Yesterday, a federal judge has cleared the city to proceed with its bankruptcy filing, which will cheat many out of money owed. In July, the City of Detroit filed for Chapter 9 municipal bankruptcy after some time of administrative scrambling and tense financial review.
According to CNN, unions and pension fund holders have cried foul over Judge Steven Rhodes ruling. “Regardless of Detroit’s financial troubles, city and state officials did not negotiate with creditors in good faith in an effort to reach a deal on its liabilities,” said the unions and pension funds. But because the city had over 100,000 creditors, Rhodes said the negotiations were impractical, therefore greenlighting the bankruptcy filing.
In light of Judge Rhodes ruling, union and retiree groups are gearing up to file an appeal against the bankruptcy’s approval. This appeal comes from the impending danger the bankruptcy will have on city workers, retirees, and investors, primarily the pensions of city workers. Currently, Detroit owes about $3.5 billion in pensions with workers only receiving $19,000 annually. The bankruptcy would cause that number to dip drastically.
Sharon Levine, union attorney with the American Federation of State, County and Municipal Employees (AFSCME) made a statement regarding the plans to appeal.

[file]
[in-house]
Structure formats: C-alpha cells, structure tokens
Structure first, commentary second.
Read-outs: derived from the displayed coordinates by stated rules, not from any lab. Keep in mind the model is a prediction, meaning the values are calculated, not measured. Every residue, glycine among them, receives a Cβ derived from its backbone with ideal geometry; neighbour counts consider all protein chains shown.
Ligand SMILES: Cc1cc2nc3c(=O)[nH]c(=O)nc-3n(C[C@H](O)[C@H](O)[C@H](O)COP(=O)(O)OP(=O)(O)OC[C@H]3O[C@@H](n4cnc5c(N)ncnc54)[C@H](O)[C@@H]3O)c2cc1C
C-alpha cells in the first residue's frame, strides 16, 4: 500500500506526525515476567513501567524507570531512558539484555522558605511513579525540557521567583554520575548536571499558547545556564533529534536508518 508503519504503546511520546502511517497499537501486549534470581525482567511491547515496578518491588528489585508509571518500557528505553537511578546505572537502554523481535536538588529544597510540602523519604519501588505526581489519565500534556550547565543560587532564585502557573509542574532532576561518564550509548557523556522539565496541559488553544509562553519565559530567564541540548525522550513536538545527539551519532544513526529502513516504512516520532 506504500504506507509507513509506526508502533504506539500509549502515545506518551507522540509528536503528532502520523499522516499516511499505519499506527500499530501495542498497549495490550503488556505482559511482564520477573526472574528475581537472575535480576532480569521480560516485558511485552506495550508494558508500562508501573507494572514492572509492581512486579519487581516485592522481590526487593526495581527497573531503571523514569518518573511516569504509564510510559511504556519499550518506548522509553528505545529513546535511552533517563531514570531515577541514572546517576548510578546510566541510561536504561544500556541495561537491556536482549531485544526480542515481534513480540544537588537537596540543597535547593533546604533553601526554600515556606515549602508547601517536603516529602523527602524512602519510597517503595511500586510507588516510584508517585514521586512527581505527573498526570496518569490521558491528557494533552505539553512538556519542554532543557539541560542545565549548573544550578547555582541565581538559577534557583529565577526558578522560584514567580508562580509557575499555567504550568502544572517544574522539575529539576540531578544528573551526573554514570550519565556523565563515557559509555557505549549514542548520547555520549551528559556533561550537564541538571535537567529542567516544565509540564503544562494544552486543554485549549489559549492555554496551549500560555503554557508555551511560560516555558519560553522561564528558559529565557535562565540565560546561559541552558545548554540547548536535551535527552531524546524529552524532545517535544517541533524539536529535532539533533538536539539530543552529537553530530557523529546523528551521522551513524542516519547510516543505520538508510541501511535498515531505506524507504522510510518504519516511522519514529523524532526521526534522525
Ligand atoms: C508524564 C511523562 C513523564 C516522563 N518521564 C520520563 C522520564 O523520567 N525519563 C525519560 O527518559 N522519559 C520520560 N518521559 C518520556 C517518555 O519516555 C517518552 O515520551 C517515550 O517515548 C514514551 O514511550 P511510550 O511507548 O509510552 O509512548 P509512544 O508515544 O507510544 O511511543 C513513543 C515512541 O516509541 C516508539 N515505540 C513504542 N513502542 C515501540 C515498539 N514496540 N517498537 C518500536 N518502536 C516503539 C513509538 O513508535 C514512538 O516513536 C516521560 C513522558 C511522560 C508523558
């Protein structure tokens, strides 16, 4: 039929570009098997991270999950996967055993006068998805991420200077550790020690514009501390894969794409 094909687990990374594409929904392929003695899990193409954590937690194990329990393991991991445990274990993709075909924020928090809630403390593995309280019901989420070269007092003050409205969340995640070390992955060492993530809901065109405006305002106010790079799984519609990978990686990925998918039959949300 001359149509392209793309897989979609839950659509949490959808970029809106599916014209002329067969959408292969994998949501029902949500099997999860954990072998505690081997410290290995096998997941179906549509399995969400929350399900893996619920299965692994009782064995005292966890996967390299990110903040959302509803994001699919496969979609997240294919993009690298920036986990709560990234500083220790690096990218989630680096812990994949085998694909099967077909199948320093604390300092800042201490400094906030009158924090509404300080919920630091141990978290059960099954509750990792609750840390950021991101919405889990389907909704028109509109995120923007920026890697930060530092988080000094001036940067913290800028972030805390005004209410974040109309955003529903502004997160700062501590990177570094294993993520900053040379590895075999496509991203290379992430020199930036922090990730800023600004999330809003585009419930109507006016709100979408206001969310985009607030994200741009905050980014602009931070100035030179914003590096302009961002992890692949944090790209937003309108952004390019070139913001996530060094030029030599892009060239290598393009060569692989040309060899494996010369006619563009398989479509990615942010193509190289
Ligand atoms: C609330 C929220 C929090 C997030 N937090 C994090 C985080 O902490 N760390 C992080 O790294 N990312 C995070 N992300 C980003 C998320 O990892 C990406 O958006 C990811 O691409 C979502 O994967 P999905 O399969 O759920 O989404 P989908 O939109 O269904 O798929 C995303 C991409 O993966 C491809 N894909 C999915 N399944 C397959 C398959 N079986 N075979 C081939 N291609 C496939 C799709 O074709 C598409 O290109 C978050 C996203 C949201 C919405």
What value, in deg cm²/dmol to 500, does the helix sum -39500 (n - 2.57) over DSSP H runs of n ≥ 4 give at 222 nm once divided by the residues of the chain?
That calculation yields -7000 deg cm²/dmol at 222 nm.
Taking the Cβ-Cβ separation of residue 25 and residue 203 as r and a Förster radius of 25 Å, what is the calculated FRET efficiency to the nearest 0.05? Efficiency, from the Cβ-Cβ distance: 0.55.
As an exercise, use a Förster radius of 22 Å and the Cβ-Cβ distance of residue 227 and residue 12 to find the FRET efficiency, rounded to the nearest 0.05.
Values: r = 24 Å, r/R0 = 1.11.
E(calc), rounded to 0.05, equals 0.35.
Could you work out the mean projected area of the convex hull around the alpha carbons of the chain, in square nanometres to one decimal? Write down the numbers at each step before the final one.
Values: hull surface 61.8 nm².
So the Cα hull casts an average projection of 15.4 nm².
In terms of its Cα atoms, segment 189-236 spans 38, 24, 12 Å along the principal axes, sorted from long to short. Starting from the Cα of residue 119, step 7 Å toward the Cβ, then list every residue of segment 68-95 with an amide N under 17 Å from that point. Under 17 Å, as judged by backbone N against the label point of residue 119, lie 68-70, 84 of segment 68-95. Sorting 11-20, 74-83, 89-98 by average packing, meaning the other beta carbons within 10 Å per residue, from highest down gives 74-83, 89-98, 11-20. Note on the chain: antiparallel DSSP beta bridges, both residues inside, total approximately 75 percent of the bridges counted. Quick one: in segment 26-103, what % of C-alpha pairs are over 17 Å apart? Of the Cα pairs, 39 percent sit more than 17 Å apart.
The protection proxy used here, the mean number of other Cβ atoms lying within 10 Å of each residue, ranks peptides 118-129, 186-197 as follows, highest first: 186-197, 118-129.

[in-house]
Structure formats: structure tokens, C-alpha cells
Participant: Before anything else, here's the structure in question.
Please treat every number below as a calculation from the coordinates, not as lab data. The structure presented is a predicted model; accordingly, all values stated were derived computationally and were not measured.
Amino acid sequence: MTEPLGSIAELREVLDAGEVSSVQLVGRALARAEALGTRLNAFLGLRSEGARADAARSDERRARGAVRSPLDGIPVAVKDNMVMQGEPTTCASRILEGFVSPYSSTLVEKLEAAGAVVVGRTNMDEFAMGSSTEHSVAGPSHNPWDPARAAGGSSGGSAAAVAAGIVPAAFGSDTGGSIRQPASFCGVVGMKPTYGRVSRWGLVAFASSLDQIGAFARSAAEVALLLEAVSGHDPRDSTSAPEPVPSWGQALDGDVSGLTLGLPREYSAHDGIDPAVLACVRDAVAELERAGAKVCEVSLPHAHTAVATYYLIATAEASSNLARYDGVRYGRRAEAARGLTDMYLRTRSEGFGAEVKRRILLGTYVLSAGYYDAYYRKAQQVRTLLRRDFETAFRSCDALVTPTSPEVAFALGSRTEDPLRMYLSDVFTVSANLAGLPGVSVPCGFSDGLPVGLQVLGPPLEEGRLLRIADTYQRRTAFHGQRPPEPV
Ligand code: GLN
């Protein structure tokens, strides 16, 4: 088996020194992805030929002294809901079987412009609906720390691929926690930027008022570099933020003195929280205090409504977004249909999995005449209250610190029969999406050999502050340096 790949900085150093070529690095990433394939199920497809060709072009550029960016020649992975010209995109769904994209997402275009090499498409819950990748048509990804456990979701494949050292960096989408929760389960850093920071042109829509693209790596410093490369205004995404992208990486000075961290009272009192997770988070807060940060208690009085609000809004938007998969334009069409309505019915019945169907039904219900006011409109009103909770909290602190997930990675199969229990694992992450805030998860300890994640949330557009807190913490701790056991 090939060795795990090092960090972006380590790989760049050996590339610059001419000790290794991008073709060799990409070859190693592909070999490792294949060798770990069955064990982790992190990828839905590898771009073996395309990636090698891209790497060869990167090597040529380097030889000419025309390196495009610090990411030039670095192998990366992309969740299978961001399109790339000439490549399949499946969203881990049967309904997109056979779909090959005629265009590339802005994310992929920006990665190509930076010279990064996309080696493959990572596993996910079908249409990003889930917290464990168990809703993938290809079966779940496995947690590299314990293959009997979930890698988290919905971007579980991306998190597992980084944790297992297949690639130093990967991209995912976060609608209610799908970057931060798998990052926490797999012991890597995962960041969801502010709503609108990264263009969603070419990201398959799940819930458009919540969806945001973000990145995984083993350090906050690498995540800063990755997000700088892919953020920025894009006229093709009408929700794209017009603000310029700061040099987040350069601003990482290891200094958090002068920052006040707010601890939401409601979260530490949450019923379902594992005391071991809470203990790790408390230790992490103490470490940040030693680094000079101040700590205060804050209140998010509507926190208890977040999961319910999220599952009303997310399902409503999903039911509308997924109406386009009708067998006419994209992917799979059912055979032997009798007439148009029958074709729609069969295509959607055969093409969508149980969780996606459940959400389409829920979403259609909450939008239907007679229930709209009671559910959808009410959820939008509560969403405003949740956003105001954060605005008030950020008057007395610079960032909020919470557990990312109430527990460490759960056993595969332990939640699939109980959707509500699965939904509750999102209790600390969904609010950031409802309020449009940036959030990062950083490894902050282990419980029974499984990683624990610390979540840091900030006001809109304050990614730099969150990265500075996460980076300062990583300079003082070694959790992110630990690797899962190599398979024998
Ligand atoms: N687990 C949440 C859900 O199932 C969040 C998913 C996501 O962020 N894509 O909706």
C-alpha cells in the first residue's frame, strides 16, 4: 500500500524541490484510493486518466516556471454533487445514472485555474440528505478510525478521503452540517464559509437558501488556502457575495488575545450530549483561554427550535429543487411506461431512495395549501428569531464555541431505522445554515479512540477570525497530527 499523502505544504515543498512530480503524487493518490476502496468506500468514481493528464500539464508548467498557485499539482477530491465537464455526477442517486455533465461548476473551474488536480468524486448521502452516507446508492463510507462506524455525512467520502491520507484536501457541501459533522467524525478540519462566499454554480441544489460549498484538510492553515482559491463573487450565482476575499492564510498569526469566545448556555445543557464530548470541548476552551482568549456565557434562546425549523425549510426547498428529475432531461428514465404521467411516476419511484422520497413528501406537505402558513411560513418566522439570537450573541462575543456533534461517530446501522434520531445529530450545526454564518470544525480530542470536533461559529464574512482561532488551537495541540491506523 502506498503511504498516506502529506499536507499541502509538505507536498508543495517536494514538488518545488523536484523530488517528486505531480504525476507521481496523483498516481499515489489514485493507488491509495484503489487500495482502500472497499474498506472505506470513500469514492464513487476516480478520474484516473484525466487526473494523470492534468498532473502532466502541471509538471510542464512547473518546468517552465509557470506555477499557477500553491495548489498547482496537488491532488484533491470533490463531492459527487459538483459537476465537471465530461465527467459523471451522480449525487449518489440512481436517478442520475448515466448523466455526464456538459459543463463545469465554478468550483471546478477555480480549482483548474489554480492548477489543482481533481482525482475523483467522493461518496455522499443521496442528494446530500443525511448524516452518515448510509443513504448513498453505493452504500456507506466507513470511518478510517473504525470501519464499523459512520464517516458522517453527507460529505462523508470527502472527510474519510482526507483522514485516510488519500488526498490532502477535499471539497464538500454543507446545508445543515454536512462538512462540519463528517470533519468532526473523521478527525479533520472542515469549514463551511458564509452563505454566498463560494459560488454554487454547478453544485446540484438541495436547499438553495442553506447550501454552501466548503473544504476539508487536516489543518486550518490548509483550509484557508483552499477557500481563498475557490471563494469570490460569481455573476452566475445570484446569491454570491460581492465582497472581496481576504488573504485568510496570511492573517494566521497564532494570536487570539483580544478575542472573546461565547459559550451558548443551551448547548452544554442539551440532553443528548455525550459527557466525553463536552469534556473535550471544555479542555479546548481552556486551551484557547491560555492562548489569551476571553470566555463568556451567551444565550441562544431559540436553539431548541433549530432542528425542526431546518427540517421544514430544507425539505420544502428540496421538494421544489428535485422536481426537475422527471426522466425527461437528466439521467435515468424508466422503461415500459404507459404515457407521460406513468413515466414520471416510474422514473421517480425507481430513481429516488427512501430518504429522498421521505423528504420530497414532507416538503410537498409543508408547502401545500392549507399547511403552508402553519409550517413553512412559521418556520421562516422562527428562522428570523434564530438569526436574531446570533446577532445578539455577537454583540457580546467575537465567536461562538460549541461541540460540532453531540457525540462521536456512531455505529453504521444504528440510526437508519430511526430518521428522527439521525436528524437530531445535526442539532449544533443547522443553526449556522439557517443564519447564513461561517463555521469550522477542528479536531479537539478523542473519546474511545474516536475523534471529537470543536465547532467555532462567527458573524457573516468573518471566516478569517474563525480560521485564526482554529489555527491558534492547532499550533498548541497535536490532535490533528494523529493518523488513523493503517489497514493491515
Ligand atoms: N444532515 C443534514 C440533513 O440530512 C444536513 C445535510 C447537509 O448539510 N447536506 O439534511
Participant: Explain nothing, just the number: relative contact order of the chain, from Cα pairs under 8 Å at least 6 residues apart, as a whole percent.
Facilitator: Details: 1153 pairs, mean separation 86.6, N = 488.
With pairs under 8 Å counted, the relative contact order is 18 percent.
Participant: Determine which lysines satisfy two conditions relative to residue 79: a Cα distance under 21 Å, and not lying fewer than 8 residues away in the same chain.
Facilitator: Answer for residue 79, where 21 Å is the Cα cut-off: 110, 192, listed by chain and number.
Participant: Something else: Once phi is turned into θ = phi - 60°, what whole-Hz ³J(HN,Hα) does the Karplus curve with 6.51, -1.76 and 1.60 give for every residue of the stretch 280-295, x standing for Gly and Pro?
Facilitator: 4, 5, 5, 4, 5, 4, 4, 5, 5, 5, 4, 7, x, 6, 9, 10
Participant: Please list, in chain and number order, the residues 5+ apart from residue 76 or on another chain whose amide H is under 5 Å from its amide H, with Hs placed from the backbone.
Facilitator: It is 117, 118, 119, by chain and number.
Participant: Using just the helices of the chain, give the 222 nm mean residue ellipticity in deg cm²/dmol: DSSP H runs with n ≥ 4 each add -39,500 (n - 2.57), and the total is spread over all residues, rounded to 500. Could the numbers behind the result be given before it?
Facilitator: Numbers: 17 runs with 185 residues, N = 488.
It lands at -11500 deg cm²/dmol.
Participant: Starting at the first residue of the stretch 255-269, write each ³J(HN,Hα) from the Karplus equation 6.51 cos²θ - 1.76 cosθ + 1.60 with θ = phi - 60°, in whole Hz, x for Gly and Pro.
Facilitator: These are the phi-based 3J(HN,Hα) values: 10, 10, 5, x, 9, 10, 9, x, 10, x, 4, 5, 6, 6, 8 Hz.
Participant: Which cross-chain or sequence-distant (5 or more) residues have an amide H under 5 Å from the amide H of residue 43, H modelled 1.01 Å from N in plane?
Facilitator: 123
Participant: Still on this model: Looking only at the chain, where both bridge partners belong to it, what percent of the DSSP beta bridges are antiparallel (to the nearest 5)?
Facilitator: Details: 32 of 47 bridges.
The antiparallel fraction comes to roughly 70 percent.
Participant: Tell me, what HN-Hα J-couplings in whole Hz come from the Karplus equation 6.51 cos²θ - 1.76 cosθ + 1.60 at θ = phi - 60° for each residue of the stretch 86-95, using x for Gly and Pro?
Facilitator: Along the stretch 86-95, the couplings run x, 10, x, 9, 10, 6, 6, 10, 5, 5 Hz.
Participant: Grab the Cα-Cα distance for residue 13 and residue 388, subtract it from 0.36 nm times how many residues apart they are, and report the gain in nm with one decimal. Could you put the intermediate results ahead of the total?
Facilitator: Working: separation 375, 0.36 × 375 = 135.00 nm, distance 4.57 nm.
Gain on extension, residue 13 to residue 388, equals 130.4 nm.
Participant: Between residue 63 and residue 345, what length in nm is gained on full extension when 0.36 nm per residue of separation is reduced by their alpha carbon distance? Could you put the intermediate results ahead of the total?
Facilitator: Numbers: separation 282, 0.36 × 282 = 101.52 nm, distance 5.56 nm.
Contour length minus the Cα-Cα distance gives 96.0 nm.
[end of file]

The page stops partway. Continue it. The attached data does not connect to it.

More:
“We’re appealing all of the legal issues,” Levine said. “We do believe that Chapter 9 is unconstitutional. We do believe that pensions are constitutionally protected… We don’t believe that the city negotiated in good faith and we don’t believe that you can find impracticability by coming in for 30 days and then running into bankruptcy.”
When city officials first announced the bankruptcy filing, they covered up the real issue of dangerous corporate interests and money mismanagement with talks of pensions. City officials weren’t so overt about the fact that over half a billion dollars of taxpayer money was used to build new sports arenas for the Detroit Tigers and Detroit Redwings.
What’s worse, is that government intervention to help Detroit is a completely viable option, but Detroit city officials have sat on their hands in trying to get that help. Granted, there are some similarities between the 2008 bailout and a theoretical one of for Detroit, it’s government money used to bailout those who caused harm. However, there is one glaring difference.
Detroit is not a bank, it’s a city which relies on living, breathing people who work jobs and raise families for prosperity. And as more people and businesses leave Detroit as the years continue, it leaves the city in shambles. But filing bankruptcy and just casting whoever is left into the cold is not the answer. That route is a hasty catch-all that will leave Detroit in worse shape.